Sunday, September 09, 2007
It's not you, it's me...most of the time
Having just mentioned the Big Misunderstanding in novels, I thought I'd talk about this a bit more.
What do I mean by the Big Misunderstanding? That's when the conflict between two characters is based on, well, a misunderstanding. One thinks one thing, the other another, one is right, one is wrong, or the truth is somewhere in the middle. This conflict keeps the characters at odds during the story.
I have heard/read readers complain about this many times. They don't like it, and if only the characters had had a single, simple discussion like mature adults, the issue would have been resolved. Of course, they also know that would have been the end of the conflict and the end of the story, but they were frustrated nonetheless.
To be honest, my first reaction when I see such complaints is to wonder if those readers have never, ever been in a situation where there was a misunderstanding that yes, could have been resolved with a single, simple conversation, yet that conversation never took place -- and how fortunate they are if that is so. Because I can think of several plausible explanations for not having such a conversation.
You believe you are right and the other person should apologize and speak first. If you speak first, it will be letting the person at fault think they were right, or that they've "gotten away" with something.
You realize you're wrong, but don't want to admit it, either because of pride, the belief the other person will gloat, or that to do so will make you seem vulnerable, weak or stupid.
You believe you're right and the other person is wrong, but don't want to try to convince the other person of their error because they will make your life even more miserable, even though you're right. Also, they may outrank you or have more credentials, so even if you're right, other people may not believe it.
You're really not sure who's right and who's wrong and don't want to find out, in case it's you who's wrong.
You don't want to risk inflaming the situation even more. The situation may not be good, but you don't want to make it worse.
You have no opportunity for such a conversation. There is no time, no privacy or you are far apart geographically.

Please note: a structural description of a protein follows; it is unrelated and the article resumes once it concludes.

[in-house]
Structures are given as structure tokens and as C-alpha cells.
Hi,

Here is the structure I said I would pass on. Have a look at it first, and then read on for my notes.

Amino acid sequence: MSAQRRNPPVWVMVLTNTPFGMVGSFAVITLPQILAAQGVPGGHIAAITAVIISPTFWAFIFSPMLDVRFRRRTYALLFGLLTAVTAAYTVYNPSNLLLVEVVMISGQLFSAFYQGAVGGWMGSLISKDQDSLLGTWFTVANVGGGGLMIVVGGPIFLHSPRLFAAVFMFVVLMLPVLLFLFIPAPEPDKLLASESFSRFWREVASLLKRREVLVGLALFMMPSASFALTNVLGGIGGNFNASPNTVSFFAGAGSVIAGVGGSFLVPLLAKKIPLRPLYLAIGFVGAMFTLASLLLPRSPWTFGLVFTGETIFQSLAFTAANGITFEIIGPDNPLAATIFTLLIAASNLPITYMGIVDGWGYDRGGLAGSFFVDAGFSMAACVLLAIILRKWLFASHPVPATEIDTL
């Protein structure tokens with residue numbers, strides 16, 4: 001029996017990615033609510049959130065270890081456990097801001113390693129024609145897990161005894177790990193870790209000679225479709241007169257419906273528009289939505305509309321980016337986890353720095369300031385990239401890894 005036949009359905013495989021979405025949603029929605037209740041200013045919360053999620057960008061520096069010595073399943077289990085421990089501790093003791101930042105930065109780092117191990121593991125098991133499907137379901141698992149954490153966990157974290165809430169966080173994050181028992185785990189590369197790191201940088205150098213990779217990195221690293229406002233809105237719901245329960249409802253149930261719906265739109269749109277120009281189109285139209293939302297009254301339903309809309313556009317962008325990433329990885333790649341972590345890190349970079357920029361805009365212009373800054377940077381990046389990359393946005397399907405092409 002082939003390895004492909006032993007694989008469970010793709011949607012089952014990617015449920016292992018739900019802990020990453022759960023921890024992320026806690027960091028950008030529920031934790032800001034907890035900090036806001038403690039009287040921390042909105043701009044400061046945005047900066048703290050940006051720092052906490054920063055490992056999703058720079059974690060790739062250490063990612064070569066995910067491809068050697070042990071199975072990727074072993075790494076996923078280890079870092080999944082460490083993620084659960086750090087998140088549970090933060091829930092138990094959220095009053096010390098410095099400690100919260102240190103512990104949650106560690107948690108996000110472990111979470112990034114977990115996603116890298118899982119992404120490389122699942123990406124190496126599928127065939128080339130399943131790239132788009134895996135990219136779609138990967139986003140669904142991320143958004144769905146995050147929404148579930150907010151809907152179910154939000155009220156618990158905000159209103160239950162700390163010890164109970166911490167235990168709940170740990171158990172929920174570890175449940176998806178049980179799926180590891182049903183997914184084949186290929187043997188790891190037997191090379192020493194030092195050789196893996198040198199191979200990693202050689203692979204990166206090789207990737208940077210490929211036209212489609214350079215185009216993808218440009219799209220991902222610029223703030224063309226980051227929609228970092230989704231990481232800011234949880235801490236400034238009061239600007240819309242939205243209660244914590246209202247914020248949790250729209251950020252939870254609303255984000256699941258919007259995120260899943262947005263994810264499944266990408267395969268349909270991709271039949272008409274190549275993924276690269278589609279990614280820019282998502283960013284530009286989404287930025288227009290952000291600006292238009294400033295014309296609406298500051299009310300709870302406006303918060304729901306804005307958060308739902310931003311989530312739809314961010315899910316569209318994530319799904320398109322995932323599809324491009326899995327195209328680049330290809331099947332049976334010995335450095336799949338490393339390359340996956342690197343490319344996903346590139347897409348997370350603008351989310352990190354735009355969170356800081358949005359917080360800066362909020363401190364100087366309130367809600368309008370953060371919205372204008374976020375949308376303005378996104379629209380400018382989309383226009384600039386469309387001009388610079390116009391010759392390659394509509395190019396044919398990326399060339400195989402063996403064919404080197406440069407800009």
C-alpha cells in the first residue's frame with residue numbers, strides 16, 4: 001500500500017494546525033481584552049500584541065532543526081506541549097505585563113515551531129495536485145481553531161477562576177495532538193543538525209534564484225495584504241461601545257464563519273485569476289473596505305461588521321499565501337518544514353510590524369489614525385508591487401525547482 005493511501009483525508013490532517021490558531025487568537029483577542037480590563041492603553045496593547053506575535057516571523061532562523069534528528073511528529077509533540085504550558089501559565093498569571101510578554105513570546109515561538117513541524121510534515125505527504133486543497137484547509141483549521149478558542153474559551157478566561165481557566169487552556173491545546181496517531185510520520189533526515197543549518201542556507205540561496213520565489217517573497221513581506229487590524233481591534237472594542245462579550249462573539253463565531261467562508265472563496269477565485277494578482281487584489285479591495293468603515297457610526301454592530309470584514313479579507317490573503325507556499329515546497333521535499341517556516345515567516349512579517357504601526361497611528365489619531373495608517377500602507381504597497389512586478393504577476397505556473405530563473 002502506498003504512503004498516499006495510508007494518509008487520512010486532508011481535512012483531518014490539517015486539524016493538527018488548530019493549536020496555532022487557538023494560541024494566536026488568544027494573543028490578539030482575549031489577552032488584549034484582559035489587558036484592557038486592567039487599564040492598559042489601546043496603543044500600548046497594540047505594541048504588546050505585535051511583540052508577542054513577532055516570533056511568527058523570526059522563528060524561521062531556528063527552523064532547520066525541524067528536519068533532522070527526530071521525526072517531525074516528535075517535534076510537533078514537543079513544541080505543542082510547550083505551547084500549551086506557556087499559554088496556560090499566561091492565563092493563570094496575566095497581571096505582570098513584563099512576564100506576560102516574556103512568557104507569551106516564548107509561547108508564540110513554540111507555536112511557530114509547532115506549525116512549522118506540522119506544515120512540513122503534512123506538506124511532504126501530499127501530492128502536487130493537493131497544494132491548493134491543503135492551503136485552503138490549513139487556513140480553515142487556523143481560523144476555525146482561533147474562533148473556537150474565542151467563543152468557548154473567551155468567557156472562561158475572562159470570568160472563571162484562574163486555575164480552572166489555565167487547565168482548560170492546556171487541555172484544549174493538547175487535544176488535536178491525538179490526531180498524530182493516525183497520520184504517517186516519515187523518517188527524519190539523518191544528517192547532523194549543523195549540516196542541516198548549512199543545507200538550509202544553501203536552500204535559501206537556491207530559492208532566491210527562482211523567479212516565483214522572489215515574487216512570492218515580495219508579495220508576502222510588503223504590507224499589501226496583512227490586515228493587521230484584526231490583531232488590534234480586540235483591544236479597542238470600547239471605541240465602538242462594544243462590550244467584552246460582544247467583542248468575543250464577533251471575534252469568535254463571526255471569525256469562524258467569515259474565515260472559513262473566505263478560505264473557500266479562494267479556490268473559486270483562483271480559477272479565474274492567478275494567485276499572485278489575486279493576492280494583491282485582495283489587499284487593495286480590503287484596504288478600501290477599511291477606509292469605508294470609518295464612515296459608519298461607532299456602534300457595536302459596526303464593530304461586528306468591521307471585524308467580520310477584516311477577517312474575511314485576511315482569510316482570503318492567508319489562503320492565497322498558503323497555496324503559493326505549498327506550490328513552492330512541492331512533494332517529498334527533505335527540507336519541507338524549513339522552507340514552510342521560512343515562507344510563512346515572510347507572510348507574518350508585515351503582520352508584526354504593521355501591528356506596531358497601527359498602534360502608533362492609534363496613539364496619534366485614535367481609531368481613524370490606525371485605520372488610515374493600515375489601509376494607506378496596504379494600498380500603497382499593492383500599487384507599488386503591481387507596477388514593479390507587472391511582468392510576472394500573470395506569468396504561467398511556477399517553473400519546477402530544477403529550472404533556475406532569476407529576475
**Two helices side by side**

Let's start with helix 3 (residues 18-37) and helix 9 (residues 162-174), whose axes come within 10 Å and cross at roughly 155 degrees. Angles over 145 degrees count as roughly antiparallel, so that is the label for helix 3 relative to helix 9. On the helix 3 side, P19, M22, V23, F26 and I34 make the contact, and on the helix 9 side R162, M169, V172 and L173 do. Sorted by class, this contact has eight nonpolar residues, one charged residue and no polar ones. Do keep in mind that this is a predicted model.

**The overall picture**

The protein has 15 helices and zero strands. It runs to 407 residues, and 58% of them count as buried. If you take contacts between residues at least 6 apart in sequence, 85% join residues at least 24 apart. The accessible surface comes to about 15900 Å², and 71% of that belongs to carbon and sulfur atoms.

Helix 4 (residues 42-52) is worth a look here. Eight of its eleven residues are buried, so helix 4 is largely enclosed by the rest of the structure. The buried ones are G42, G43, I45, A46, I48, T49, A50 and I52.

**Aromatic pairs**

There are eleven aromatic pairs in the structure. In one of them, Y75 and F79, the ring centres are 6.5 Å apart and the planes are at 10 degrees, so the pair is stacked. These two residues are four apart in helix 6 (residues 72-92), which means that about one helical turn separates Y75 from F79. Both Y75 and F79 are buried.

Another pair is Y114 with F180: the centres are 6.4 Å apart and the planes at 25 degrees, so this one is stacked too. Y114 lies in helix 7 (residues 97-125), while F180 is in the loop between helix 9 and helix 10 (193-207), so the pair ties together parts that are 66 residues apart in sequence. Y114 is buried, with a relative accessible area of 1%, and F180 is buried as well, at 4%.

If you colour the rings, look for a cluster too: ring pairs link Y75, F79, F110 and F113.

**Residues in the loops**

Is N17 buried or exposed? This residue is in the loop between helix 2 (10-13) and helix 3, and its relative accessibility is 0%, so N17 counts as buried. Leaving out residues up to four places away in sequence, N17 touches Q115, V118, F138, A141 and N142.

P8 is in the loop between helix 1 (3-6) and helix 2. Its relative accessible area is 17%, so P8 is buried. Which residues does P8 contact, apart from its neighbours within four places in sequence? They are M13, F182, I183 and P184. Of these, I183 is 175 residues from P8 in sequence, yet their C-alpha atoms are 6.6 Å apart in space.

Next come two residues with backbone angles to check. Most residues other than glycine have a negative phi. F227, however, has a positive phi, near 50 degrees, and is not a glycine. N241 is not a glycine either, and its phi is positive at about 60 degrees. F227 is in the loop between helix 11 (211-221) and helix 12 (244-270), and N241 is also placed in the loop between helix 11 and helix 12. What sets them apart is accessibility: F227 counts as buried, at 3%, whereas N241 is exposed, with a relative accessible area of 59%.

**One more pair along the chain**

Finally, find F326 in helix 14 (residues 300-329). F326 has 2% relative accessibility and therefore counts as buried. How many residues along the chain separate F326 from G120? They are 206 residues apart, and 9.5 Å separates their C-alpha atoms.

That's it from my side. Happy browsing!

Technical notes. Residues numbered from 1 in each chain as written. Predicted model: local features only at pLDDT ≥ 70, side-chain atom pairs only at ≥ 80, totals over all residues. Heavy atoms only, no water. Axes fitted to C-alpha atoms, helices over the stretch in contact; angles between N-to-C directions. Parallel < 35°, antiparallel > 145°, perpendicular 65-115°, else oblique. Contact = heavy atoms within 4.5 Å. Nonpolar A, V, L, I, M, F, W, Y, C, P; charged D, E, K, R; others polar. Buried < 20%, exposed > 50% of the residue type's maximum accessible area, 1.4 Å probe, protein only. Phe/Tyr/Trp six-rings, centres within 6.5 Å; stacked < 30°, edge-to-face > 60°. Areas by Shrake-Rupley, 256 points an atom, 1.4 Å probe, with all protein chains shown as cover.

Perhaps some of these reasons seem immature. No doubt they are.
My chronological age might suggest I should possess a certain wisdom or detachment, but when it comes to emotions? There are some issues on which I will likely never be older than ten and I doubt I'll ever be able to consider them with emotional maturity. I don't think I'm unique in that. I think most readers can relate to that, because they have deep emotional issues, too, based on what's happened in their lives, and will realize they may not always react maturely, either.
However, if the only reason presented for avoiding such a conversation seems to be simply stubbornness, annoyance, frustration, jealousy or selfishness, your characters will likely come across as childish and immature, rather than a character with sympathetic emotional issues based on their past. That is not good. That is what makes readers think they should have been able to resolve their conflict with a simple, single conversation.
The real fault here is what I call shallow characterization. The writer hasn't gone deep enough into the characters and given them solid, understandable, believable reasons for avoiding that clarifying conversation. If the writer does that, even a disagreement over the flavor of an ice cream cone can seem significant.
In other words, it's not the reader who's at fault. It's the writer.
But, cries the writer, I did think of that. I did go that deep.
Then somehow, the writer didn't manage to convey that knowledge and understanding and deeper motive to the reader.
To speak in the writer's defense, though, there are times when that information is there. In fact, there are times when the writer can point to a specific sentence or paragraph on a specific page that clearly spells out why the character(s) will not have that conversation, and an understandable, believable explanation it is, too.
In that case, the fault does lie with the reader. Maybe it was in the sort of scene they tend to skip (a love scene or a scene that's got a lot of description) -- and don't get me started on how frustrating it is for a writer to hear a reader declare, "Oh, I always skip X sort of scenes!"
Maybe they were jumping up to get off the train and lost their place and missed it. Maybe (and I fear this happens with some reviewers) they were reading too quickly, because they wanted/needed to finish ASAP. They rush right over the bit the author labored on for days trying to convey the character's deep emotional issues.
I hate to think that to avoid those disgruntled readers writers need to convey such information several times. I don't want to hammer the reader over the head, as if I think they're too dense to get it the first time. I honestly think once, twice at the most, should be enough, or your characters will wind up sounding like self-involved sad sacks.
So it often seems an author has a choice: repeat the reasons the misunderstanding can't be solved with one simple conversation and risk alienating your readers who do get it the first time and think you're beating them over the head with that information, or risk alienating readers who might miss the one explanation your characters won't sit down and discuss the situation.
It can be a tough call.